Really, it all began with a name change: in 2010, 48HR Magazine was nearly sued for exercising what CBS believed to be an infringement of its copyright on “48 Hours”. Consequently, the name of the publication was altered to “Longshot Magazine”
Longshot Magazine’s “About” page neatly summarizes almost anything you’d want to know about a magazine that sought to be entirely created and published in a 48 hour time frame (hence the original name). The magazine allowed 24 hours of submission relevant to its predetermined theme, then used the remaining half of the time to choose what content would be allowed and to create the design of the issue. Anyone in the world was eligible to submit a work, regardless of profession, education, etc. (I believe the authors featured in the third issue received monetary compensation). As Longshot itself stated: “We want you to make it. We want to publish it first. We don’t want your rights.” This certainly ambitious and entirely new way of going about creating a magazine resulted in Issue Zero of 48HRS magazine in early 2010. Longshot Magazine also produced Issue 1 between Aug. 27-29, 2010. The following year, Issue 2 was created from July 29-31.
Alexis C. Madrigal, Sarah Rich, and Mat Honan are the people responsible for founding Longshot Magazine. In Madrigal’s article in The Atlantic, “The Almost-Free Toolkit We Use to Make Longshot Magazine”, he lists the “tools” used to produce the magazine, including Google Docs, HP’s MagCloud, Kickstarter, etc.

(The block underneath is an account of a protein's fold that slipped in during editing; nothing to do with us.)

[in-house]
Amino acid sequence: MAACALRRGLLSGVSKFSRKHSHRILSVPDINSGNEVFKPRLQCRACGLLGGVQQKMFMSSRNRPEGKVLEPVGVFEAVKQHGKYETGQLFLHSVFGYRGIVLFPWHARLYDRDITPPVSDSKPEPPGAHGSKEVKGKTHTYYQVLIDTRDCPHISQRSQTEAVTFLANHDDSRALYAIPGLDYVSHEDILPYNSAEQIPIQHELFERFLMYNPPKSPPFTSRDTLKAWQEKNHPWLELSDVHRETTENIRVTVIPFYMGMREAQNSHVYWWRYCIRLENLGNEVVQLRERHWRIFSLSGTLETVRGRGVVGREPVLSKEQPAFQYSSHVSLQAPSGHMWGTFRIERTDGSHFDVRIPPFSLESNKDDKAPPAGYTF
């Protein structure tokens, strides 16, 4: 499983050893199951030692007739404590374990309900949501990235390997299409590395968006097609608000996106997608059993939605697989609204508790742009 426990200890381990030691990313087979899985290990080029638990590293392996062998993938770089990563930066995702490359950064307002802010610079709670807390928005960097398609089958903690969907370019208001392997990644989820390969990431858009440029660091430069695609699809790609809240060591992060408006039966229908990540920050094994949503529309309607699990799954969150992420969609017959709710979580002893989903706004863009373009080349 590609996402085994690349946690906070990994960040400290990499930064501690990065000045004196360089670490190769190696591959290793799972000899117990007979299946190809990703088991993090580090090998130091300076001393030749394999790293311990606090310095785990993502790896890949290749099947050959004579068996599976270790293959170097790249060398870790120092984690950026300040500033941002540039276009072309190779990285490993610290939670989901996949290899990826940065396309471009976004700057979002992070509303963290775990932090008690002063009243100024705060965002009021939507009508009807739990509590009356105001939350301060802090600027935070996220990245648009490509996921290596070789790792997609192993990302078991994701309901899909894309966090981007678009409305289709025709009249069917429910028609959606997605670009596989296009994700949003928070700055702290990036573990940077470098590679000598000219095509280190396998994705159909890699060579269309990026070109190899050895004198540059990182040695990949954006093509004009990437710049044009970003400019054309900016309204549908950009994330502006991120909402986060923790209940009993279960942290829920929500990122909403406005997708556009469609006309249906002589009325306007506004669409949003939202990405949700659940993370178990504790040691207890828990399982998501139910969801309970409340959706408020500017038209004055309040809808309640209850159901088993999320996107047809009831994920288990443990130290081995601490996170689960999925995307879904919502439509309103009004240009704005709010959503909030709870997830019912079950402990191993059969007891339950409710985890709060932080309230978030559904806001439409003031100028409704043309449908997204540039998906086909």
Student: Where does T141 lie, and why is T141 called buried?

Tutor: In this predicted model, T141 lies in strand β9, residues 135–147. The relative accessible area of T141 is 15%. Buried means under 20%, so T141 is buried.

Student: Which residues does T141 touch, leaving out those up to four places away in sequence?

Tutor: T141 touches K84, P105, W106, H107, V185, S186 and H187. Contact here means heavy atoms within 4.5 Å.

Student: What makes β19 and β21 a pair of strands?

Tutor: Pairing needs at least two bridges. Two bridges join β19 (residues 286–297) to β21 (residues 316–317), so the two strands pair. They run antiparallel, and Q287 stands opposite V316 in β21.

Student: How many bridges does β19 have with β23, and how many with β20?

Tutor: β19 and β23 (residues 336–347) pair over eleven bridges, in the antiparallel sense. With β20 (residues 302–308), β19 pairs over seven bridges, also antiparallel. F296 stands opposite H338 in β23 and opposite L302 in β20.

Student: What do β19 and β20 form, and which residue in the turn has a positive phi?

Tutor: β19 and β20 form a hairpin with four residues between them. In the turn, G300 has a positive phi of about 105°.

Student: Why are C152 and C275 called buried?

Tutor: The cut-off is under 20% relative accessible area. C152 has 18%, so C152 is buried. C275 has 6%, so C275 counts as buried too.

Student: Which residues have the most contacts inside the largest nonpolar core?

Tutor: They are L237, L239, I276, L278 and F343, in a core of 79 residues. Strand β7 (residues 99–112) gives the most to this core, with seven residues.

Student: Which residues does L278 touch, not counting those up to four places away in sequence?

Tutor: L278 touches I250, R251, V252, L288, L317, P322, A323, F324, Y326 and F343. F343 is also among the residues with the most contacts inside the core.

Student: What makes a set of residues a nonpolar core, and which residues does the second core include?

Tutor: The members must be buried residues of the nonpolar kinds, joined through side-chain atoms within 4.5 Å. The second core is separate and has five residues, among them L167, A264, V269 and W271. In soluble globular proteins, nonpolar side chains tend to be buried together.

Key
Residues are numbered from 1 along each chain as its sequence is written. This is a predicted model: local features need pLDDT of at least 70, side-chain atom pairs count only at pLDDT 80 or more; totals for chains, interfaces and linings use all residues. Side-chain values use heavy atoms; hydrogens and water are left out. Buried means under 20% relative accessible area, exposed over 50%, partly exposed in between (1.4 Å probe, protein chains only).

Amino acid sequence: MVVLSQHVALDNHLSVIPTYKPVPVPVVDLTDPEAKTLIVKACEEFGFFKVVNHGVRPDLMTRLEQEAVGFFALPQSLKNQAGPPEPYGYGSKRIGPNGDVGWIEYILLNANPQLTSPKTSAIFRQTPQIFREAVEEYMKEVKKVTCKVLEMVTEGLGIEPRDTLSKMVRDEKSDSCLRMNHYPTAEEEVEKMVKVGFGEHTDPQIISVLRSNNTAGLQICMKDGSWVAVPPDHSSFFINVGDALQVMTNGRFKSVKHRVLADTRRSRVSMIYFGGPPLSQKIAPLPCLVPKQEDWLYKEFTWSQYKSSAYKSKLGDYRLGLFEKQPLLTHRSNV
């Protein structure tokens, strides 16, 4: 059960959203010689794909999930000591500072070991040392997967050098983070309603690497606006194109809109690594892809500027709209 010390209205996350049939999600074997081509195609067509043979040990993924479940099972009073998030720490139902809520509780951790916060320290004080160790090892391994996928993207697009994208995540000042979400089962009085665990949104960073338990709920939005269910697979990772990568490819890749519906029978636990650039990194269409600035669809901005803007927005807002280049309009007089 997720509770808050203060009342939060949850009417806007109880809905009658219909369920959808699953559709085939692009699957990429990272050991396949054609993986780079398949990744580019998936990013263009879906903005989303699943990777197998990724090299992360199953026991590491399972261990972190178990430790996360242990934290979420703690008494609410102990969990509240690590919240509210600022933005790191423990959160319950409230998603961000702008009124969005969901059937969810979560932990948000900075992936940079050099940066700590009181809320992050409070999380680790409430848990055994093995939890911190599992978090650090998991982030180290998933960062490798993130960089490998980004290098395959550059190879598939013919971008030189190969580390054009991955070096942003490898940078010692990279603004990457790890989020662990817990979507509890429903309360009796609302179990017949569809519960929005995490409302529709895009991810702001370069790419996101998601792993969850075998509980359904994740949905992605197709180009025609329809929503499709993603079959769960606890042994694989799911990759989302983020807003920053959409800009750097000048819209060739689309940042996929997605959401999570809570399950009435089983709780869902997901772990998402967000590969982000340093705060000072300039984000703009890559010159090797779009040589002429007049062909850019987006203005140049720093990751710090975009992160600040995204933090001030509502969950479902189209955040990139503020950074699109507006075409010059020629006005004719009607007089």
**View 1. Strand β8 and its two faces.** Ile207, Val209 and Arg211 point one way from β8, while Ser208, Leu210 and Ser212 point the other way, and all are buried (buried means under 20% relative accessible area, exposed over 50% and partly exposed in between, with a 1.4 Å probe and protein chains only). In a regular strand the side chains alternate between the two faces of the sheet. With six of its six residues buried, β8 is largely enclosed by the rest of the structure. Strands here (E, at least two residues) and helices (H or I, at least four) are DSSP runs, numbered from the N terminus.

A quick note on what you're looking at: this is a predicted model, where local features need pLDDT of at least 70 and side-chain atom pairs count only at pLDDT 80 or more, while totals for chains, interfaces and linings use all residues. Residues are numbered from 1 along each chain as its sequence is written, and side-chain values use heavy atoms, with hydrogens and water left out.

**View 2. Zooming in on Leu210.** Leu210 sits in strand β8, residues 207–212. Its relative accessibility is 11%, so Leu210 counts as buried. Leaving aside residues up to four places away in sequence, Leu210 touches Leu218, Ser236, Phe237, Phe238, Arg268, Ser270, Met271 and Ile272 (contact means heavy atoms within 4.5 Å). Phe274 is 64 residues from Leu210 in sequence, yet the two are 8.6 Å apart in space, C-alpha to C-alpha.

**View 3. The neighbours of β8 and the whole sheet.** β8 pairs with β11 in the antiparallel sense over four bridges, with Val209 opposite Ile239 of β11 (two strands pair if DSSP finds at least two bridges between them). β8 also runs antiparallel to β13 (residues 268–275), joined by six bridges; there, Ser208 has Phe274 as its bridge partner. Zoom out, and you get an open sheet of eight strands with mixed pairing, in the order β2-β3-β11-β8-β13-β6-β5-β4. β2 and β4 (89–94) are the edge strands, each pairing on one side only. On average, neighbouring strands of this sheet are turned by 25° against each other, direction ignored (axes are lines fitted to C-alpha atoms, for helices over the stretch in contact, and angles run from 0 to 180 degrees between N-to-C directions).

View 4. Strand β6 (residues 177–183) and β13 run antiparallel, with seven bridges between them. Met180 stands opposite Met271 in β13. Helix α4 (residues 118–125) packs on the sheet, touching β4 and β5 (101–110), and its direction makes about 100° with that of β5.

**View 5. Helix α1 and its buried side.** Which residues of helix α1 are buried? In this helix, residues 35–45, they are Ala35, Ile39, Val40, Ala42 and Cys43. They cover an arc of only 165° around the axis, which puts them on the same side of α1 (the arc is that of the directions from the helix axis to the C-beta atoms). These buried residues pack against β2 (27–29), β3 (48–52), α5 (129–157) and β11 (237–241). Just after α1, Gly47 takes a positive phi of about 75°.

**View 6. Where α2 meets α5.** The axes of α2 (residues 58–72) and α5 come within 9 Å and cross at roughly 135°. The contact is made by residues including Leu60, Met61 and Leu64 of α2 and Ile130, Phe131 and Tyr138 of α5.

Joel Johnson of Gizmodo.com expressed his enthusiasm about the magazine in his article, “Making a Magazine”: “you don’t have to sit idly by and watch a bunch of writers and artists wank away at a project from afar—you can get right in there and wank alongside.”
TK Zine, according to its Tumblr page, is a “crowd-sourced, collaborative zine created by Caitlin Dewey and Kuan Luo”. In a May 2011 post on her WordPress, Caitlin Dewey announces the initial call for submissions for TK Zine, which she describes as being “inspired” by Longshot Magazine. It appears that Dewey followed the same format as Longshot, hosting a 48 hour window for submission, editing, and design. However, TK Zine was planned to include only submitted workds that were “from and about graduating seniors” (of Syracuse University, presumably).
Longshot created a magazine without using the model of traditional institution. Instead, with the creative works of members of the public, and with a small group of founding members dedicated to accomplishing their goal. Nor did they use a professional publisher. As Madrigal stated, Longshot used tools available to anyone on the internet to publish three issues of the magazine. Madrigal also pointed out that these tools were not available to use just five years prior to the publishing date of the third issue. TK Zine followed in Longshot’s example, using only crowd-sourced material to produce a publishable, collaborative work. These magazines represent new models of publishing and authorship in that the people responsible for the content also have published it. The magazine in itself has had no outside editing or approval.
As well, the authorship of these magazines are vague. Individual entries are attributed to their authors. Caitlin Dewey and Kuan Luo are responsible for the editing of TK Zine. Just whom own the “rights” to these magazines, however, is undefined.